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Dendro-ecological Study on Forest Overstory
Productivity in Sites Invaded by Amur Honeysuckle
(Lonicera mackii) in southwestern Ohio
Few studies have examined changes in woody plant
productivity resulting from the presence of invasive
plants in the forest understory. However, recent work
by K.M. Hartman and B.C. McCarthy, published in
"Applied Vegetation Science" in 2007 is apparently the
first study using dendrochronological techniques to
analyze this issue. The researchers studied trees
from 12 sites invaded by Amur Honeysuckle (Lonicera
mackii) and 4 non-invaded sites in southwestern Ohio.
The Amur Honeysuckle is a non-indigenous, invasive,
understory species that can dominate the forest
understory. Changes in radial and basal area tree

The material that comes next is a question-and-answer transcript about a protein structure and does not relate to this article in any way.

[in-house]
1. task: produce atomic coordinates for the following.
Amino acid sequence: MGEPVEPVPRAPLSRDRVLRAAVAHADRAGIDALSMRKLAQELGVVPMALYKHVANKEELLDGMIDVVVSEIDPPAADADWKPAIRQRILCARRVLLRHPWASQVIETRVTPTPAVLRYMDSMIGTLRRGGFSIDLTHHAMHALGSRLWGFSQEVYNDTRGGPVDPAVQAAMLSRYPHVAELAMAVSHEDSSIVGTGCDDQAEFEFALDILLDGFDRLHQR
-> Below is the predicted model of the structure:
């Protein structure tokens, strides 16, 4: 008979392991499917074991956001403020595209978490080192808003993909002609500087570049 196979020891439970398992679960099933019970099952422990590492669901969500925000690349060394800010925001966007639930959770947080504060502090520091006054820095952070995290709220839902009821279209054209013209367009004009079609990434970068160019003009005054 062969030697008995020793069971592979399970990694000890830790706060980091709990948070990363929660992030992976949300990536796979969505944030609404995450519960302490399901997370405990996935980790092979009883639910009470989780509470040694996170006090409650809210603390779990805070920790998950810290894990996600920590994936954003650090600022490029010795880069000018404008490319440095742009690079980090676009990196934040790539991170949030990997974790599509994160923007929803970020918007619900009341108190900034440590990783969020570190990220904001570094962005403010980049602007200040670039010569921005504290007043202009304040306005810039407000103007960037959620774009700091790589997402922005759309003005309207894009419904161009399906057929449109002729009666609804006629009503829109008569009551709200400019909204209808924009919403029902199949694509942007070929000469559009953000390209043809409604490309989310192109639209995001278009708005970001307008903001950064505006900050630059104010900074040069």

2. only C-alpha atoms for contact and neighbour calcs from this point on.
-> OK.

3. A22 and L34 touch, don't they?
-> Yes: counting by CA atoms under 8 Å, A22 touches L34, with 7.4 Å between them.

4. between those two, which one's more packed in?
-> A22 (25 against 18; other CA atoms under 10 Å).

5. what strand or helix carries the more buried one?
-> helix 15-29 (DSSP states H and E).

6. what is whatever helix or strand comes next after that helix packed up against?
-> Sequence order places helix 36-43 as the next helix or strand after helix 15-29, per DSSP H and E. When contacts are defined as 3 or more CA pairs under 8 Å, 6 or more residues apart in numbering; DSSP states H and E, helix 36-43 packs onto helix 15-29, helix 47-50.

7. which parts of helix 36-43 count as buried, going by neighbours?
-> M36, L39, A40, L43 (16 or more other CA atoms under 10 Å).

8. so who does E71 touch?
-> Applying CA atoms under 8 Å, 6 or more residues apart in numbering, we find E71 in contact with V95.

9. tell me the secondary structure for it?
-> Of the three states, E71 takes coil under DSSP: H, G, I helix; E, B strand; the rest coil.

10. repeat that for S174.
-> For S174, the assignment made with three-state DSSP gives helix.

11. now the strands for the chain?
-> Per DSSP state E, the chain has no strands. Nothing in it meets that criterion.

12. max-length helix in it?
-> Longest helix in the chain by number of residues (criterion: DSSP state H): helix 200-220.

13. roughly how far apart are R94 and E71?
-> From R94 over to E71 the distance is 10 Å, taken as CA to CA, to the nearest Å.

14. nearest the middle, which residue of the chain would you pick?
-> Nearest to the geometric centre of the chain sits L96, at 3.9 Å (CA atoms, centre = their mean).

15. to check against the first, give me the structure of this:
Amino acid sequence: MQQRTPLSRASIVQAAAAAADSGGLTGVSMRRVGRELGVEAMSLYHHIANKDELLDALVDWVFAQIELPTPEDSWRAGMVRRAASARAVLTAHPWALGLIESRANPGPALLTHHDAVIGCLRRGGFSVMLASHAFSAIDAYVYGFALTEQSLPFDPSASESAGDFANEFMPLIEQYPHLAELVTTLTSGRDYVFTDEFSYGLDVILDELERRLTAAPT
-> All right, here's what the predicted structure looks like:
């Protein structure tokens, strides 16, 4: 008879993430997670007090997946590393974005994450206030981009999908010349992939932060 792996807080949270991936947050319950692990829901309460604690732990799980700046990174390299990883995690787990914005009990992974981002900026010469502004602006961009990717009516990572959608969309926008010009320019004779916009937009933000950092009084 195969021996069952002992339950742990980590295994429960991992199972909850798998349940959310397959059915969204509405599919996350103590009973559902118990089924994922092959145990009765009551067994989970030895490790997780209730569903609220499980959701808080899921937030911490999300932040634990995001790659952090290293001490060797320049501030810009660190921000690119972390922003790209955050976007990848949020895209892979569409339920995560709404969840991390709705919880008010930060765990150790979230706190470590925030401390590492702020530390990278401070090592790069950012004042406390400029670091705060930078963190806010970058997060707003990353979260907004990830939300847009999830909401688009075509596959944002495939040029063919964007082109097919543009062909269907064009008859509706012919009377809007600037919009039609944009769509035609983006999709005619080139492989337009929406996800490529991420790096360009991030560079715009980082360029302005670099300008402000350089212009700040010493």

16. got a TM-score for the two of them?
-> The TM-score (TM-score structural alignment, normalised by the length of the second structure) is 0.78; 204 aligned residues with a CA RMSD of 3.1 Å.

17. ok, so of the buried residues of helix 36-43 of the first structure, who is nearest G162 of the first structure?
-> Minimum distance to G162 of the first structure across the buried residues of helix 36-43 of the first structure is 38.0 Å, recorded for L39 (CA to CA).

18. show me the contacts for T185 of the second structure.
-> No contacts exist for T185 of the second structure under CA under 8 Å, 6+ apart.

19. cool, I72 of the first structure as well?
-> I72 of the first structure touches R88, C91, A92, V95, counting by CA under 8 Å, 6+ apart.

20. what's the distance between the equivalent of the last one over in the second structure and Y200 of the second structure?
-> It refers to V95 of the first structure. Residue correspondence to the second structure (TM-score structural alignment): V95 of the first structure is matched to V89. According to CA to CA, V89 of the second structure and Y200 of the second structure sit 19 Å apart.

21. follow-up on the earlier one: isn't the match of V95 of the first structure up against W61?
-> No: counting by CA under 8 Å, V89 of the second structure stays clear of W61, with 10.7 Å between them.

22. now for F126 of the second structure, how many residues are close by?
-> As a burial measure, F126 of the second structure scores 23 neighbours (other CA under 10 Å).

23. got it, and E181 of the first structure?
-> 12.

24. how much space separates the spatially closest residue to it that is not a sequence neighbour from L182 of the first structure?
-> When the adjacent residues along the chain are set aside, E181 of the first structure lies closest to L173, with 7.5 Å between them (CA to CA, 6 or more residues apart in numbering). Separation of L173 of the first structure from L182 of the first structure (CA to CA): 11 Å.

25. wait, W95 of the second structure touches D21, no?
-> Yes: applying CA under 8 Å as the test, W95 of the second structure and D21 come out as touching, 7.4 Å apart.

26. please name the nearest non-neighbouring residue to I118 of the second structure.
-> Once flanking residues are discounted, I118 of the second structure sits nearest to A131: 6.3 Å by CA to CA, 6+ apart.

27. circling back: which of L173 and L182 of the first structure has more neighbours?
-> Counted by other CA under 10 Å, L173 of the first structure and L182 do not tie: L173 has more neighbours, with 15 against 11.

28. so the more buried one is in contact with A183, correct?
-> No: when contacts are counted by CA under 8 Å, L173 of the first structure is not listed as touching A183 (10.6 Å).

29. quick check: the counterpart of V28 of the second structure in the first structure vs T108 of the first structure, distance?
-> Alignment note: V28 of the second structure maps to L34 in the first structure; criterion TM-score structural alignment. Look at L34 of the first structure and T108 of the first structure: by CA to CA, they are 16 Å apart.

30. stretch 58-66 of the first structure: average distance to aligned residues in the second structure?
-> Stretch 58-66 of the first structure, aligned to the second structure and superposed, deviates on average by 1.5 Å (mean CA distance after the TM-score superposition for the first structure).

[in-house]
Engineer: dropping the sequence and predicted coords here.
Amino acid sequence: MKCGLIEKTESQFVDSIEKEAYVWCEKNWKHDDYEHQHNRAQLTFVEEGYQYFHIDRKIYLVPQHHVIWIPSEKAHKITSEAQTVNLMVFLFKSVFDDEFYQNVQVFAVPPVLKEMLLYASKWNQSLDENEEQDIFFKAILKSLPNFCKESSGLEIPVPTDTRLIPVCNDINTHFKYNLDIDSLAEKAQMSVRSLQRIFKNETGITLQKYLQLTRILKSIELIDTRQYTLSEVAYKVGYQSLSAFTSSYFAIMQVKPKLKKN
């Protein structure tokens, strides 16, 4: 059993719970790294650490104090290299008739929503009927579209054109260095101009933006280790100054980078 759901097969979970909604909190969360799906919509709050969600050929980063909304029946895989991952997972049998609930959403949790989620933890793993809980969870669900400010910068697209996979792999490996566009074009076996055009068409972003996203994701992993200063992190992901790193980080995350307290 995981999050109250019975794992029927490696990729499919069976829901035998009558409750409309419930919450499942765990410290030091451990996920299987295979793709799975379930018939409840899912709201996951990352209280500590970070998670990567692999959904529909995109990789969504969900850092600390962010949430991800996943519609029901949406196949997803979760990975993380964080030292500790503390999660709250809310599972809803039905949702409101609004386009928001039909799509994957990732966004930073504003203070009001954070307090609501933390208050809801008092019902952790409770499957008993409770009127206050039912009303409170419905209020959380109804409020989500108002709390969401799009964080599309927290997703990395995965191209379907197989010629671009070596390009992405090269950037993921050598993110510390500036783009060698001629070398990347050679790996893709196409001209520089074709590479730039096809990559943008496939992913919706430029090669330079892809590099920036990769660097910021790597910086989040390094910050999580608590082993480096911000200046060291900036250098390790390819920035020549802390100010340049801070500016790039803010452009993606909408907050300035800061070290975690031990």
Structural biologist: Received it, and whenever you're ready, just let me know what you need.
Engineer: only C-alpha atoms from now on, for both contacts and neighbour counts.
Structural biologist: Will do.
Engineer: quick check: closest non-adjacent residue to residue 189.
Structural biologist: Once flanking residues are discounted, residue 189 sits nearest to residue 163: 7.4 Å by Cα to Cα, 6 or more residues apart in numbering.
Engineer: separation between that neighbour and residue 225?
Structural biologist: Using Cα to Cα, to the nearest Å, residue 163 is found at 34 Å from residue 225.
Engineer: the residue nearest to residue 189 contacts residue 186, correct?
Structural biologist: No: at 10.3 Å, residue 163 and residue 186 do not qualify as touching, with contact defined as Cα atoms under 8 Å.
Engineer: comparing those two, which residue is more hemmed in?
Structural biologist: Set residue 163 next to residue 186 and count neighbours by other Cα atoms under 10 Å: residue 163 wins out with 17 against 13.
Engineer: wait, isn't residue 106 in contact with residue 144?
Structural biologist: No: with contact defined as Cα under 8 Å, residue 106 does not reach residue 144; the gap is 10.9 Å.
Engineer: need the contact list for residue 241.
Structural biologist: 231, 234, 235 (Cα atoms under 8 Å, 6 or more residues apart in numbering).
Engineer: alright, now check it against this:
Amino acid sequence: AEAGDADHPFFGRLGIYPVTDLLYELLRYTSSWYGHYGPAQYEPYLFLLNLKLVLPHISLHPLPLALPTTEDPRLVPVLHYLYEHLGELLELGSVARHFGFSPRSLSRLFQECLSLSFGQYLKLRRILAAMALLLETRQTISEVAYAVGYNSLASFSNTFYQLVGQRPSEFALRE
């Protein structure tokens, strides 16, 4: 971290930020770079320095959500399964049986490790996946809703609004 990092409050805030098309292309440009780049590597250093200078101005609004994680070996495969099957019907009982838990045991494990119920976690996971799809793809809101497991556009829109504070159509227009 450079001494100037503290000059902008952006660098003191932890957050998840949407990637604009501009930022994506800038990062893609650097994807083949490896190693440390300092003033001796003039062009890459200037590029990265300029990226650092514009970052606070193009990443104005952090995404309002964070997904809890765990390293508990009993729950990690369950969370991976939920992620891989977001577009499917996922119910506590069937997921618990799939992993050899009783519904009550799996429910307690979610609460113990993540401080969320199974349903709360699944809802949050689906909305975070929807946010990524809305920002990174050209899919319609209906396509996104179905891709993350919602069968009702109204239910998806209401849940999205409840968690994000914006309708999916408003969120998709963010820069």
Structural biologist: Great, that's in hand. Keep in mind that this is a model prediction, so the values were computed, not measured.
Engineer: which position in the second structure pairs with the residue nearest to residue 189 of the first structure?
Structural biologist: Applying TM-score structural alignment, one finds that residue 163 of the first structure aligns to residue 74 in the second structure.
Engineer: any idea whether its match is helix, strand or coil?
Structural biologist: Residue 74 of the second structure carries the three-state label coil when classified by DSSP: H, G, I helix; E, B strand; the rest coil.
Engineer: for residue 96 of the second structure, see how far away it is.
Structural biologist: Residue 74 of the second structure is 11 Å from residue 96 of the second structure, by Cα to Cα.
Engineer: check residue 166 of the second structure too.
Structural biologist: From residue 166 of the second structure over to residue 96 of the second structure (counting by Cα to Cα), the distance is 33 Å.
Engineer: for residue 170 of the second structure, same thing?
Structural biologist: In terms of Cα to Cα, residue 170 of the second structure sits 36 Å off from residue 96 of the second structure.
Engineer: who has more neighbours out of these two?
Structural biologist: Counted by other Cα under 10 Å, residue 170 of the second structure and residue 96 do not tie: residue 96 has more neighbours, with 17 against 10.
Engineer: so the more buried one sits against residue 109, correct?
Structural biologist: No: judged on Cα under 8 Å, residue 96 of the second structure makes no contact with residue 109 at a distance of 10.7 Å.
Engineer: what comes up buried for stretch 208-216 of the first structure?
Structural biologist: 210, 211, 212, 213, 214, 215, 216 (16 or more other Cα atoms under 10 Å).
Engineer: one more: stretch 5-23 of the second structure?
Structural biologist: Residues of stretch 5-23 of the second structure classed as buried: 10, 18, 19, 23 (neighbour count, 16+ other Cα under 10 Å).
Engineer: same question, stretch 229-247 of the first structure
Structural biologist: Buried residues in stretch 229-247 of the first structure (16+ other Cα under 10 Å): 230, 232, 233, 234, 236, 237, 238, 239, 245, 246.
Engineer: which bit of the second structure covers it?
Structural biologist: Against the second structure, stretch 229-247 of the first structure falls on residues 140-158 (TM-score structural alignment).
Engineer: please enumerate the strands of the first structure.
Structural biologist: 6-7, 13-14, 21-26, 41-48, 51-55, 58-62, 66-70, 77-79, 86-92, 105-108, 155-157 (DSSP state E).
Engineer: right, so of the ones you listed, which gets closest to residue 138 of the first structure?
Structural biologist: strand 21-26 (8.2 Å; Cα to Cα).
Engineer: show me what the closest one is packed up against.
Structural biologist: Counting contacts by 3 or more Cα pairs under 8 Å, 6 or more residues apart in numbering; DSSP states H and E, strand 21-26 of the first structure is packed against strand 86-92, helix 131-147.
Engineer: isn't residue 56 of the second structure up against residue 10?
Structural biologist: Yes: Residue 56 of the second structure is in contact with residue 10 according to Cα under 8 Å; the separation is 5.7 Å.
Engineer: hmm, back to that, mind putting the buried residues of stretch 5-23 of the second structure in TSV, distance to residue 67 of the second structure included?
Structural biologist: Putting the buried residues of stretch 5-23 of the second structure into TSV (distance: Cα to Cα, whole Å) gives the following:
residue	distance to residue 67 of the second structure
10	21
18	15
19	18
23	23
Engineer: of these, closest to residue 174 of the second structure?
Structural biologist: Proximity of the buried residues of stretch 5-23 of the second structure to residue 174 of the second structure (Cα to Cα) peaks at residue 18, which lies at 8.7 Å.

growth in the ten years prior to L. mackii invasion
vs. ten years following invasion were evaluated in
addition to other factors. They found that the rate
of radial and basal area growth of overstory trees was
reduced significantly in eleven out of twelve invaded
Non-invaded sites did not exhibit this consistent
pattern of reduced growth. For invaded vs. non-invaded
sites, the mean basal area growth was reduced by
15.8%, and the overall rate of basal area growth was
reduced by 53.1%. Active management will likely be
necessary to maintain forest productivity in
landscapes impacted by Amur Honeysuckle.
The complete study report can be viewed and downloaded
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